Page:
T. R. Radhakrishnan

T.R.Radhakrishnan

Deregulation and liberalization of Indian financial sector call for effective and crucial risk management and internal control system in the conduct of banking business especially after the recent unsavory incidents of fraud and cheatings by some of the prominent borrowers causing a grave crisis in the financial market.  This is also significant in view of the New Basel Capital Accord under which capital maintained by a bank will be more closely aligned to the risks undertaken and Reserve Bank’s move towards risk-based supervision (RBS) of banks for which the RBI has introduced risk-based audit system and appointment of chief Risk Officers in banks.

Reserve Bank India circular states, “A sound internal audit function plays an important role in contributing to the effectiveness of the internal control system. The audit function should provide high quality counsel to management on the effectiveness of risk management and internal controls including regulatory compliance by the bank. Historically, the internal audit system in banks has been concentrating on transaction testing, testing of accuracy and reliability of accounting records and financial reports, integrity, reliability and timeliness of control reports, and adherence to legal and regulatory requirements. However, in the changing scenario such testing by itself would not be enough. There is a need for widening as well as redirecting the scope of internal audit to evaluate the adequacy and effectiveness of risk management procedures and internal control systems in the banks.” For the veritable realisation of the aforesaid objectives, the banks will have to progressively move towards risk based internal audit to include besides selective transaction testing and other methods adopted presently, an evaluation of the risk management system and control procedures in various areas of operations of the banks which gives more importance to internal auditor’s role not only in mitigating risks but also anticipating areas of potential risk to protect the bank from various risks.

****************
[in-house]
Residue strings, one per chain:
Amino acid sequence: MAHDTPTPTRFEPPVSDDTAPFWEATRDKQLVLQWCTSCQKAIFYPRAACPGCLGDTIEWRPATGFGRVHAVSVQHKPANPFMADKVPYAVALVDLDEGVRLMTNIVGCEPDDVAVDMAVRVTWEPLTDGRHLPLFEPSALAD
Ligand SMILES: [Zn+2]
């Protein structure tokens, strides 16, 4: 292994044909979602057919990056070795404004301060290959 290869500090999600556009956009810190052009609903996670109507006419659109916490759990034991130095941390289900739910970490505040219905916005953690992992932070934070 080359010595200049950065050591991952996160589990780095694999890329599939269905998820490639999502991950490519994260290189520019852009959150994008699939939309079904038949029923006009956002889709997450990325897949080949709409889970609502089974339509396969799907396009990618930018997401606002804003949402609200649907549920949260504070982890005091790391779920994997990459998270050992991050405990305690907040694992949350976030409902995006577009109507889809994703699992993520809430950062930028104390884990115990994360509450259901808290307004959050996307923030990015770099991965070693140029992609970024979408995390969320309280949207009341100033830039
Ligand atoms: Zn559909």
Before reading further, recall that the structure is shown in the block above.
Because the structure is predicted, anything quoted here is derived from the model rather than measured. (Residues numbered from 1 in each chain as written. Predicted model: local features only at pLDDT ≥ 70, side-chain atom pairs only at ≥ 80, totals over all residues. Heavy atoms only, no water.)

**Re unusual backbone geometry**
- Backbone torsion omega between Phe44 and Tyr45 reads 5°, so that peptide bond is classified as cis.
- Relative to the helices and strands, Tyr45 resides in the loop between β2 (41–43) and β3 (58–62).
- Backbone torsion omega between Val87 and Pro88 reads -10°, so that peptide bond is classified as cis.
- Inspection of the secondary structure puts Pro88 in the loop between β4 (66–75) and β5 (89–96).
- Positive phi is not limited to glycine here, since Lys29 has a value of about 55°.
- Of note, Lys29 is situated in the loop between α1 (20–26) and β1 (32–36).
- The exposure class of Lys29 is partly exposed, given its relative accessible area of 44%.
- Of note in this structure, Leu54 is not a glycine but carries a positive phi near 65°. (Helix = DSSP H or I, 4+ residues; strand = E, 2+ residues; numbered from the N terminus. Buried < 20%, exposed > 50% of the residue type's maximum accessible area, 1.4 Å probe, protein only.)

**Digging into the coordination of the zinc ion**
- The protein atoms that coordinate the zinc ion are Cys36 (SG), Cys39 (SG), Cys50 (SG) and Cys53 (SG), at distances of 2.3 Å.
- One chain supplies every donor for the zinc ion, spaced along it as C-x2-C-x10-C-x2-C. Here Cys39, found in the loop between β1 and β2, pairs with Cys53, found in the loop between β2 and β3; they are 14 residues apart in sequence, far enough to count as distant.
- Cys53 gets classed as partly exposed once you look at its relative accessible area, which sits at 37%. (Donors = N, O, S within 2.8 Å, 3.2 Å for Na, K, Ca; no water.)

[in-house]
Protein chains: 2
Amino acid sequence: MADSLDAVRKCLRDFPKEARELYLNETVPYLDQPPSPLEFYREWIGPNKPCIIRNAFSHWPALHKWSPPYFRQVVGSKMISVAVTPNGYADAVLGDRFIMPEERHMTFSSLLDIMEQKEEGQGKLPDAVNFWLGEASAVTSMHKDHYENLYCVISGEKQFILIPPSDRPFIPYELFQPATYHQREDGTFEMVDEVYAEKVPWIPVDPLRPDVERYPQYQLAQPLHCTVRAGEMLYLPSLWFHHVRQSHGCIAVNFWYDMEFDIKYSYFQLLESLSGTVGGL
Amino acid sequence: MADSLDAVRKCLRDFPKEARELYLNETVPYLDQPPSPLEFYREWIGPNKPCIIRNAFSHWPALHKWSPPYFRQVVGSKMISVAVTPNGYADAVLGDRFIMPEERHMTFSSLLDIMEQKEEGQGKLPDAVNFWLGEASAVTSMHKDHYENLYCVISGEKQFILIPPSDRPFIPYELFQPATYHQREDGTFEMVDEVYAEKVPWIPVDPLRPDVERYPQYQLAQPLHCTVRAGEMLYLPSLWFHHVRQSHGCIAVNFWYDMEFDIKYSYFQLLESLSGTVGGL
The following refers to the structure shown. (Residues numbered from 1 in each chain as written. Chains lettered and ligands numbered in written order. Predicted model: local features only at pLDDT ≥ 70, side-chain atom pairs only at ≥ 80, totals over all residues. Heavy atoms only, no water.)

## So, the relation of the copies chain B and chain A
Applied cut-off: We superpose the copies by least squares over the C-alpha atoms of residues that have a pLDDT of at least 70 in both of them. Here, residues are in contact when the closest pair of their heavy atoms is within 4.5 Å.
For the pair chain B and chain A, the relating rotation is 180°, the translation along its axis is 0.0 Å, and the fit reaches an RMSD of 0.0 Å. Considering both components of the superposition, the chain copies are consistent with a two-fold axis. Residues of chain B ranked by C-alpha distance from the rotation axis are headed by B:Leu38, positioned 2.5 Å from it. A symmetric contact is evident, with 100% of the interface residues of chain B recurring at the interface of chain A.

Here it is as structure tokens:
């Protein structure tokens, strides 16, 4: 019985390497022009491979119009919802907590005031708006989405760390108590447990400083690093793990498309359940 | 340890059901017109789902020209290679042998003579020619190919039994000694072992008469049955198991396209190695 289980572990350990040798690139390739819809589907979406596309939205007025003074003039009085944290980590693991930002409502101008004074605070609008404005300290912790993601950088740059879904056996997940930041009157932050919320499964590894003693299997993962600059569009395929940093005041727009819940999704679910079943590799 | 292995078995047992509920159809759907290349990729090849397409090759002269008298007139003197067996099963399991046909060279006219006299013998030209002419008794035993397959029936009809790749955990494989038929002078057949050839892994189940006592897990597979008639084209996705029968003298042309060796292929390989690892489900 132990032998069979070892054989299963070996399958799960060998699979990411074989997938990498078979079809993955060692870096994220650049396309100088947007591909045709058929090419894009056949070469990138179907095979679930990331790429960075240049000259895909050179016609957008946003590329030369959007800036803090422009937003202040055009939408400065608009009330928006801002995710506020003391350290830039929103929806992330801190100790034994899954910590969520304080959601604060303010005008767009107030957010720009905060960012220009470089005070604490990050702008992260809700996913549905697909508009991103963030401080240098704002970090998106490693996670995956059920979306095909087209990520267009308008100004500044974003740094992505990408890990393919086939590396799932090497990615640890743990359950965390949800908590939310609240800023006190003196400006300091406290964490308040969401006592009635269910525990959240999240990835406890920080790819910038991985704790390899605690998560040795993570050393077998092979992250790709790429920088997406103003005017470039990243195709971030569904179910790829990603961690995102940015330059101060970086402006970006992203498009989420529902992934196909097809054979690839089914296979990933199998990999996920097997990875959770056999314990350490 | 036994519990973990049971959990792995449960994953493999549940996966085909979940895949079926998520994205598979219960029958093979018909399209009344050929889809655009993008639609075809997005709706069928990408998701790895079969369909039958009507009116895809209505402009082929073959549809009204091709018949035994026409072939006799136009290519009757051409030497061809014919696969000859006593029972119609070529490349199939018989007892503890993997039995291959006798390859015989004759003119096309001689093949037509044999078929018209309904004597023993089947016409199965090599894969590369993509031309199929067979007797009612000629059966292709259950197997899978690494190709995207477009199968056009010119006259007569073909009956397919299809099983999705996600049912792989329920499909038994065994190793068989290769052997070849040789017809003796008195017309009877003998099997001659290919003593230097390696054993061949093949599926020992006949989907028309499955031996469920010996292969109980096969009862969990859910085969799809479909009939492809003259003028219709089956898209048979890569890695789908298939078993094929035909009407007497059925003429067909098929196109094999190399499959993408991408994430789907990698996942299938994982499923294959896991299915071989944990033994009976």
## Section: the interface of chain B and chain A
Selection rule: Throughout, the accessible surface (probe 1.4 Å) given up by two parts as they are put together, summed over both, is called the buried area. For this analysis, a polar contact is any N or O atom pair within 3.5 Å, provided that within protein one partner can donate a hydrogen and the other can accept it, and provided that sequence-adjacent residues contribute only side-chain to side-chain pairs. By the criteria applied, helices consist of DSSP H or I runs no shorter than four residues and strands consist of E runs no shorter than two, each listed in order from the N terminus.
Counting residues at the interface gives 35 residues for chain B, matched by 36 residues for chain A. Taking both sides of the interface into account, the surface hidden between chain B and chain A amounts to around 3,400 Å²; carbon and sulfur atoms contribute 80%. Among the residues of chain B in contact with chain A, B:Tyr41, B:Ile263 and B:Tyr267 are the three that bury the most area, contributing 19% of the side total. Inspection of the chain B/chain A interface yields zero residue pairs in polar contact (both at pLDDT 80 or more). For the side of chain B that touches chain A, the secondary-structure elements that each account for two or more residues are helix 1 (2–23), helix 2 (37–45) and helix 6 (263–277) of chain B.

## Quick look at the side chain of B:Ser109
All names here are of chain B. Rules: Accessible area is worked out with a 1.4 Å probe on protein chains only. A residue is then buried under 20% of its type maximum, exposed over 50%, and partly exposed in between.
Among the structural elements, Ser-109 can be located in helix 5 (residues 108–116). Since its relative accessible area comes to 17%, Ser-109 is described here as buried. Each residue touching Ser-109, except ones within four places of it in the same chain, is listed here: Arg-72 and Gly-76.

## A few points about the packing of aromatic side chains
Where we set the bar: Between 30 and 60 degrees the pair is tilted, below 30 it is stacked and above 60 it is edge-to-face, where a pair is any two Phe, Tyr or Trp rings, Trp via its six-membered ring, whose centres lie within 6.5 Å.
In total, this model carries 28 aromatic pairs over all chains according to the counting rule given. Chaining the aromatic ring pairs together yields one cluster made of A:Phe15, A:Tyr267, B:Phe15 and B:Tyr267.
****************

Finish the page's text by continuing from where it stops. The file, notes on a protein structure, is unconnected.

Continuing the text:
Blackboard Internal Audit

RBI envisages that the policy for risk-based internal audit would shift the focus from the present system of full-scale transactions testing to risk identification, prioritization of audit areas and allocation of audit resources in accordance with the risk assessment. The audit should be undertaken in such a manner that   the maximum time period beyond which even the low risk business activities / locations should not remain unaudited. Besides, banks should ensure functional independence of the Internal Audit Department and should not be a part of internal control process in order to avoid any conflict of interest and it should not be entrusted with the responsibility of performing other accounting and operational functions. The audit should be conducted objectively, impartially and without prejudice. The success of internal audit function depends largely on the extent of reliance placed on it by the management for guiding the bank’s operations.

RBI emphasizes that the risk assessment would, as an independent activity, cover risks at various levels (corporate and branch; the portfolio and individual transactions, etc.) as also the processes in place to identify, measure, monitor and control the risks for which an effective risk assessment methodology should be devised taking into account the size and complexity of the business undertaken by the bank. AS per RBI the risk assessment process should, inter alia, include the following: –

  • Identification of inherent business risks in various activities undertaken by the bank.
  • Evaluation of the effectiveness of the control systems for monitoring the inherent risks of the business activities (`Control risk’).
  • Drawing up a risk-matrix for taking into account both the factors viz., inherent business risks and control risks.Besides,